Established writers and translators such as David Grossman and Susan Bernofsky go up against relative newcomers such as Julia Franck and Edward Gauvin in this contest naming the Best Translated Books from 2010. Sponsored by the Three Percent web site, this event will name the winners in both the fiction and poetry categories, with $5,000 cash prizes (underwritten by going to the winning authors and translators. Hosted by Chad W. Post, and featuring a range of top translators and literary enthusiasts, this program will highlight great works of world literature now available to English readers.

Saturday, April 30

2:00 PM: Best European Fiction

Revel in the spectacular story-telling of the celebrated anthology Best European Fiction. For 2011, editor Aleksandar Hemon and preface writer Colum McCann return to continue their discussion of European literature today, followed by readings and discussions with contributors from Moldova, Norway, and Slovenia.

6:00 PM: New Tendencies in Spanish Language Literatures

As in previous editions of the festival, Instituto Cervantes hosts a panel on the state of affairs in contemporary Spanish-language fiction. A distinguished group of novelists from both sides of the Atlantic will examine the situation of Latin American, Spanish, and Catalan literature, looking into the complex relationships among these rich traditions today. With the participation of Marcelo Figueras (Argentina), Enrique Serna (Mexico), Teresa Solana (Catalonia), and Manuel de Lope (Spain). Moderated by Eduardo Lago, novelist and executive director of the Cervantes Institute.

Sunday, May 1

1:00 PM: Translator Rights and Translator Wrongs

PEN Translation Committee Chair Susan Bernofsky teams up with intellectual property attorney Erach Screwvala to discuss intellectual property issues in literary translations and their implications for both the business and the artistic sides of the translator’s work. They are joined by three prominent translator-authors from Poland, the Czech Republic/Spain and Israel who will report on the status of the ownership of artistic works internationally, and reflect on the culture of translation in their respective countries.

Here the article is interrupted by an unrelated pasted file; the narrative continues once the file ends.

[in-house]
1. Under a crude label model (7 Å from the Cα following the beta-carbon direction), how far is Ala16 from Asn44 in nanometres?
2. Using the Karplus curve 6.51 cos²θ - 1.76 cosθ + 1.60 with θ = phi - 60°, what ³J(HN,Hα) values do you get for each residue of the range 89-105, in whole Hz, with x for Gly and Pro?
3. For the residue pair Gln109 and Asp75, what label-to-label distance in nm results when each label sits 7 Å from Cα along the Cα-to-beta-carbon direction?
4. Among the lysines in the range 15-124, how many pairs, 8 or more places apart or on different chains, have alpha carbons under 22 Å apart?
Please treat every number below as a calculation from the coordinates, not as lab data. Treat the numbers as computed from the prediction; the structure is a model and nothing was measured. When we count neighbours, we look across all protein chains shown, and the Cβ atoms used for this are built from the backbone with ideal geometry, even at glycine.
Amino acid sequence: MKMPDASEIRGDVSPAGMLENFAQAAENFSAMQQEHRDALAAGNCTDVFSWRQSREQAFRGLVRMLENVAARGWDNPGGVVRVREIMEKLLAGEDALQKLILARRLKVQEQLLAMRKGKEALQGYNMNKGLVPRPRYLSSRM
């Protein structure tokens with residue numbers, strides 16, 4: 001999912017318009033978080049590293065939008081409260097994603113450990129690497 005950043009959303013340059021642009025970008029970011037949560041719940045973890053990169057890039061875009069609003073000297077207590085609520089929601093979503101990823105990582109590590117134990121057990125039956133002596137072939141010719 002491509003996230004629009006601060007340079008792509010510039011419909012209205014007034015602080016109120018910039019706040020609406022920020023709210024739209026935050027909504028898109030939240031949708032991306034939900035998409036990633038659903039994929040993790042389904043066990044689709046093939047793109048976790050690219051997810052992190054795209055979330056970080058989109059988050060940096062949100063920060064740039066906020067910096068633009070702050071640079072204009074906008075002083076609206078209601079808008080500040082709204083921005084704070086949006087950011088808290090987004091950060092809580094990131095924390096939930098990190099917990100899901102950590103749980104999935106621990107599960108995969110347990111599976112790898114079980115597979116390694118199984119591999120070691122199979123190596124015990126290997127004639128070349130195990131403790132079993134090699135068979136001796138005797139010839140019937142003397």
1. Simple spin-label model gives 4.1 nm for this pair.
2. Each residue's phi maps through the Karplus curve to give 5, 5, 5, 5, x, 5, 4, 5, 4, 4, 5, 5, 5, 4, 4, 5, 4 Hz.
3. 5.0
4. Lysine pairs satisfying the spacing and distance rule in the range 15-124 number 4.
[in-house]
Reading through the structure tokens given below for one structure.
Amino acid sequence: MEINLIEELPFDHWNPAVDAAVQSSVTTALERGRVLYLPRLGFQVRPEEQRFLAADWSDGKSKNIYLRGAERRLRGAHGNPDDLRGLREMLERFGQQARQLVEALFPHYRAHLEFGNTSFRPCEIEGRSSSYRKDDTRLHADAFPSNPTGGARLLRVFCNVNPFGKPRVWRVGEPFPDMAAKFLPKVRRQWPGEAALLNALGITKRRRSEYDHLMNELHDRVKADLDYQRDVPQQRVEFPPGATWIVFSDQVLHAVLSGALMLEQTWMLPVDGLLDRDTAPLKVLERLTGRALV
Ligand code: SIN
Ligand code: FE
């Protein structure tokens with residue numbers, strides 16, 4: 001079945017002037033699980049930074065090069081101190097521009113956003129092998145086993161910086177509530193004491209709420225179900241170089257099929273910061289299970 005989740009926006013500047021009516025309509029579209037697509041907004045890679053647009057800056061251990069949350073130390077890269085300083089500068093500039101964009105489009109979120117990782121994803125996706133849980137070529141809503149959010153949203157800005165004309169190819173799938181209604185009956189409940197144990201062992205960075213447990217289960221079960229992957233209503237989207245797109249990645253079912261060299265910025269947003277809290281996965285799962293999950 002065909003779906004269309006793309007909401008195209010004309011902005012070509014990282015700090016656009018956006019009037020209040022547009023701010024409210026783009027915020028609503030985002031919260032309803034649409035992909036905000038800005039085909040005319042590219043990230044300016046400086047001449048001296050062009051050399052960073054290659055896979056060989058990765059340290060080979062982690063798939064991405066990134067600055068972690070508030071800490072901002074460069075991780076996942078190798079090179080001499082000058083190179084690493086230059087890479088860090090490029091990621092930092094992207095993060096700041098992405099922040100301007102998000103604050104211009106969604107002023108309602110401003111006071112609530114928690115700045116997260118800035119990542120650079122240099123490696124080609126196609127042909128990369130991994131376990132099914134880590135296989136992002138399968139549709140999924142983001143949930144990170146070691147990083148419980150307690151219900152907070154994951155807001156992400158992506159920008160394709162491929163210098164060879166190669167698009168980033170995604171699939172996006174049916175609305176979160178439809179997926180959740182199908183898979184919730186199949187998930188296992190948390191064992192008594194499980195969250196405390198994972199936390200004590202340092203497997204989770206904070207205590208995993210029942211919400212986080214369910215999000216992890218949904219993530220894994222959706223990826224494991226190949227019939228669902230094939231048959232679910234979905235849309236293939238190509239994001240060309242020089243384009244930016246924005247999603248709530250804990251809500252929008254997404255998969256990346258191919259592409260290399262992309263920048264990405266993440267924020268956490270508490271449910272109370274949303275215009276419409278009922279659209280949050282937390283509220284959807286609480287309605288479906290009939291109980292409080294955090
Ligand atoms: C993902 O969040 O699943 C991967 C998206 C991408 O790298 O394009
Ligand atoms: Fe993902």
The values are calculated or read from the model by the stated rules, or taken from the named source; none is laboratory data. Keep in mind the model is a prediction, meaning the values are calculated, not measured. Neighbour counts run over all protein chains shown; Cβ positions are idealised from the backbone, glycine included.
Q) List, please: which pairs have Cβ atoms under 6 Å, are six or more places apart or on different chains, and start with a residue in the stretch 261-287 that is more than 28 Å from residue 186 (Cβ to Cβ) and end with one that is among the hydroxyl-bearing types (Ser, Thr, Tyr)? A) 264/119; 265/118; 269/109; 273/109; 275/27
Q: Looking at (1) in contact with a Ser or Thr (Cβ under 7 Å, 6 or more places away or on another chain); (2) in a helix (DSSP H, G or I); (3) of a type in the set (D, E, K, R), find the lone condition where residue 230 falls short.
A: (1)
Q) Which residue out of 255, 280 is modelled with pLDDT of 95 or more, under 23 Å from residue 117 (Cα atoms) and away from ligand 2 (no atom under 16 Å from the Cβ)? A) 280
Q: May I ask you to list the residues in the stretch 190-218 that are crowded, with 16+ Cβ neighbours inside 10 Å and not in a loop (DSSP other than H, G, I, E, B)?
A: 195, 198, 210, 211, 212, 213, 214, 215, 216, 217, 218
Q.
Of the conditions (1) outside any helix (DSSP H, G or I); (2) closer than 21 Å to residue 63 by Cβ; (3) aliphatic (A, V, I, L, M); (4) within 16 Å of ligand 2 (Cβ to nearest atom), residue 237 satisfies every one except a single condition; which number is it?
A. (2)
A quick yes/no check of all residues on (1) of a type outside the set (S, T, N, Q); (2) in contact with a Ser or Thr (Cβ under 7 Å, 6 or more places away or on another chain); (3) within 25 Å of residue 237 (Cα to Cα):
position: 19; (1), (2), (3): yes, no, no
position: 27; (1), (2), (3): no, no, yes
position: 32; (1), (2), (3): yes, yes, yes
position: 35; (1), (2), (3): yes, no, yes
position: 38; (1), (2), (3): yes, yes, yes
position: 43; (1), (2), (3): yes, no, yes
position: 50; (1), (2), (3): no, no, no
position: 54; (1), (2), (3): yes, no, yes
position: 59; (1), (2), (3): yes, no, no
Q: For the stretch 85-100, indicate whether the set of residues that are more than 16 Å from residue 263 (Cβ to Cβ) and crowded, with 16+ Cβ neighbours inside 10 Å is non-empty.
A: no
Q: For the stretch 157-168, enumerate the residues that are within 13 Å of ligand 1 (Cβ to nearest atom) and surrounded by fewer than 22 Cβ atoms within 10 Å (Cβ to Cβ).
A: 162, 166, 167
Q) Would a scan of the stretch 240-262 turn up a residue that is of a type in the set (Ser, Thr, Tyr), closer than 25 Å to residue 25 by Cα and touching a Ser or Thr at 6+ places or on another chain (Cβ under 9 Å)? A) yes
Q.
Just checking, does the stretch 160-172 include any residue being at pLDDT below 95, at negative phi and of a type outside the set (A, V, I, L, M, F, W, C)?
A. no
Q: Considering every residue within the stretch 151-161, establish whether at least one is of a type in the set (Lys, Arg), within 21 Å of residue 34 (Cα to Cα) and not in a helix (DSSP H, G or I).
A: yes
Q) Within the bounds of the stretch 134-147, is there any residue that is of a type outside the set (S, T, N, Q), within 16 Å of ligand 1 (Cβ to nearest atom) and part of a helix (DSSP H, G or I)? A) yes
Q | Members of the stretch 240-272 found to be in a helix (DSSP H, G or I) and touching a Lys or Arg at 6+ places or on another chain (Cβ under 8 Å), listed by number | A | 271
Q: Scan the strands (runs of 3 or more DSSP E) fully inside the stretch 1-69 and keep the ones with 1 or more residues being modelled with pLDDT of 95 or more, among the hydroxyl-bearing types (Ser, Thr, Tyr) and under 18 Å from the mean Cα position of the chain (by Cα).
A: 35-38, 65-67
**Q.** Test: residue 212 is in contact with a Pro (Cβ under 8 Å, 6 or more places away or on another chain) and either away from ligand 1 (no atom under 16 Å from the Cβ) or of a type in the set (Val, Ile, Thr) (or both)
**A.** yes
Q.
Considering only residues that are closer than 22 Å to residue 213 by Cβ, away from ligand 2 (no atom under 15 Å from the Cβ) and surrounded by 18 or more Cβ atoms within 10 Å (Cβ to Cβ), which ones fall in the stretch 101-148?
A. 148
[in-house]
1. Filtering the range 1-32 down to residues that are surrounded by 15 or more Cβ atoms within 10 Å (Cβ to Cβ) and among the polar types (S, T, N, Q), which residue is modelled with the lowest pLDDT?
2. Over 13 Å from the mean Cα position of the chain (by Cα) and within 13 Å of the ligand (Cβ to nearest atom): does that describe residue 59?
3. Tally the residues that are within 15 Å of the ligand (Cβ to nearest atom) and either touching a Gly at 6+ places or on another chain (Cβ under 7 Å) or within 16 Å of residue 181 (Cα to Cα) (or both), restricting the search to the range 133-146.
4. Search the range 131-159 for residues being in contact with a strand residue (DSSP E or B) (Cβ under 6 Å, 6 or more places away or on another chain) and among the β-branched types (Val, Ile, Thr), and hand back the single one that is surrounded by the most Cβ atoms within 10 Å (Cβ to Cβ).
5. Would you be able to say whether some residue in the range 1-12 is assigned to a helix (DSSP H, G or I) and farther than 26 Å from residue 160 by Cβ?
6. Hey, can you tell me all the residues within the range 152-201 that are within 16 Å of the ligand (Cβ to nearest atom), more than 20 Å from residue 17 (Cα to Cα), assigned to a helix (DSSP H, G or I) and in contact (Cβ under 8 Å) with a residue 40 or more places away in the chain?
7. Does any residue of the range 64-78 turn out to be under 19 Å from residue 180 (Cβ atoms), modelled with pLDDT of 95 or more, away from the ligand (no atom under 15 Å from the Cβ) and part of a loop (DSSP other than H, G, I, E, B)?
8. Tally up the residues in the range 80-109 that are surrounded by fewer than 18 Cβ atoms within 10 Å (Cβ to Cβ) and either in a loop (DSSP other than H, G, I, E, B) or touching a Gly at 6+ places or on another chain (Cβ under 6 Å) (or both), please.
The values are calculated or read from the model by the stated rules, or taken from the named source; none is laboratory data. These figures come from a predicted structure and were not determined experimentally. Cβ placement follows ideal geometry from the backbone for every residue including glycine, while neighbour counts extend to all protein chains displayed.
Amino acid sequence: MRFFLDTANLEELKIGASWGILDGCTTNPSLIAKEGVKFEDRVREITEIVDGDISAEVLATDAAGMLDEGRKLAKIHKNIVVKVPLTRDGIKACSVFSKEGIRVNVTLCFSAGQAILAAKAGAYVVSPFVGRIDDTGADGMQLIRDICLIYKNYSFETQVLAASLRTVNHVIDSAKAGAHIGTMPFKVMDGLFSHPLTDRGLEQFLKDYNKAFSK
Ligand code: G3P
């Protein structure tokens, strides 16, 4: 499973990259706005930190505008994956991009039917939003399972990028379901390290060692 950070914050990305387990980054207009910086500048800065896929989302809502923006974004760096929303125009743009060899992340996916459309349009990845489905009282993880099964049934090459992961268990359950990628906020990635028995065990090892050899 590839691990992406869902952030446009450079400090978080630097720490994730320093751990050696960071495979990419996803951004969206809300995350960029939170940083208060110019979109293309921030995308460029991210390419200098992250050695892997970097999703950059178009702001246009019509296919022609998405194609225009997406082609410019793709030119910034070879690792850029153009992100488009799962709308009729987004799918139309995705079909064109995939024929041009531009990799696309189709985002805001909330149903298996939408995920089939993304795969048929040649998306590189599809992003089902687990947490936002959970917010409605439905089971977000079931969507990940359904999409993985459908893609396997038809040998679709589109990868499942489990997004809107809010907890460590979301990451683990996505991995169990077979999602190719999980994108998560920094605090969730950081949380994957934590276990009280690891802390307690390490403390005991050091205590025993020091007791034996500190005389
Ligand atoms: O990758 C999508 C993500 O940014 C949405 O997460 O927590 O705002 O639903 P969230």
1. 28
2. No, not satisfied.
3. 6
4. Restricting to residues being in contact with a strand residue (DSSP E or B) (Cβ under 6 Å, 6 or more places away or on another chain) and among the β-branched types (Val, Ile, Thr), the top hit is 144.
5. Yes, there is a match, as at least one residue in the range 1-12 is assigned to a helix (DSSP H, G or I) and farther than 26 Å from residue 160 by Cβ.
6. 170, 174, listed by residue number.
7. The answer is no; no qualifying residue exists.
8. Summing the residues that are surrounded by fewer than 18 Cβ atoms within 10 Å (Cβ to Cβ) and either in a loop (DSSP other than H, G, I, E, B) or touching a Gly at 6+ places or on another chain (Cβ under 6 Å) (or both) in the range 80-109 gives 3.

Barbara Fister Interviews Quentin Bates

Nordic crime enthusiast (and fellow librarian) Barbara Fister has a nice long and interesting interview with Quentin Bates on her Scandinavian Crime Fiction blog. Among other things, they discuss how Iceland has changed since Bates first lived there in the 70s, the 2008 economic Crash, Arnaldur Indriðason, and writing from a female prospective. I won’t spoil the highlights for you, but I will pass along my hearty agreement with Bates’ assessment of “the mighty Bernard Scudder,” the translator of record for oodles and oodles of Icelandic literature–everything from sagas to the English subtitles in the film version of Jar City. Says Bates:

“Arnaldur and Yrsa both had the tremendous good fortune to be translated into English by the mighty Bernard Scudder, who did a magnificent job – to the extent that their books are as good, if not better, in English than in Icelandic.”

Here, here. Scudder’s translation record is inspirational and staggering, and I’m delighted that he is still receiving due credit, even if he isn’t around to enjoy it.

Spontaneous Reads: Northanger Abbey

I now find myself in the unexpected position of having read half of Jane Austen’s oeuvre. Let it not be said that people’s carved-in-stone literary tastes and opinions cannot change. Having once thought Austen to be one of the most deadly boring authors to have been perpetuated upon us (up there with Dickens), I now find her novels as witty and engaging as I always found those delightful BBC mini-series adapted from them. (I still think S&S is a little contrived in places, but never mind that for now…)

Northanger Abbey is an interesting entry in Austen’s work for a variety of reasons (and I’m cribbing these details from the Foreword/Afterword in the book–due credit). Let’s list:

1. It was Austen’s first novel, written when she was 20(ish), and sold to be published in 1803. However, for reasons that apparently escaped the author at the time, the novel was not published until a year after she died, in 1818.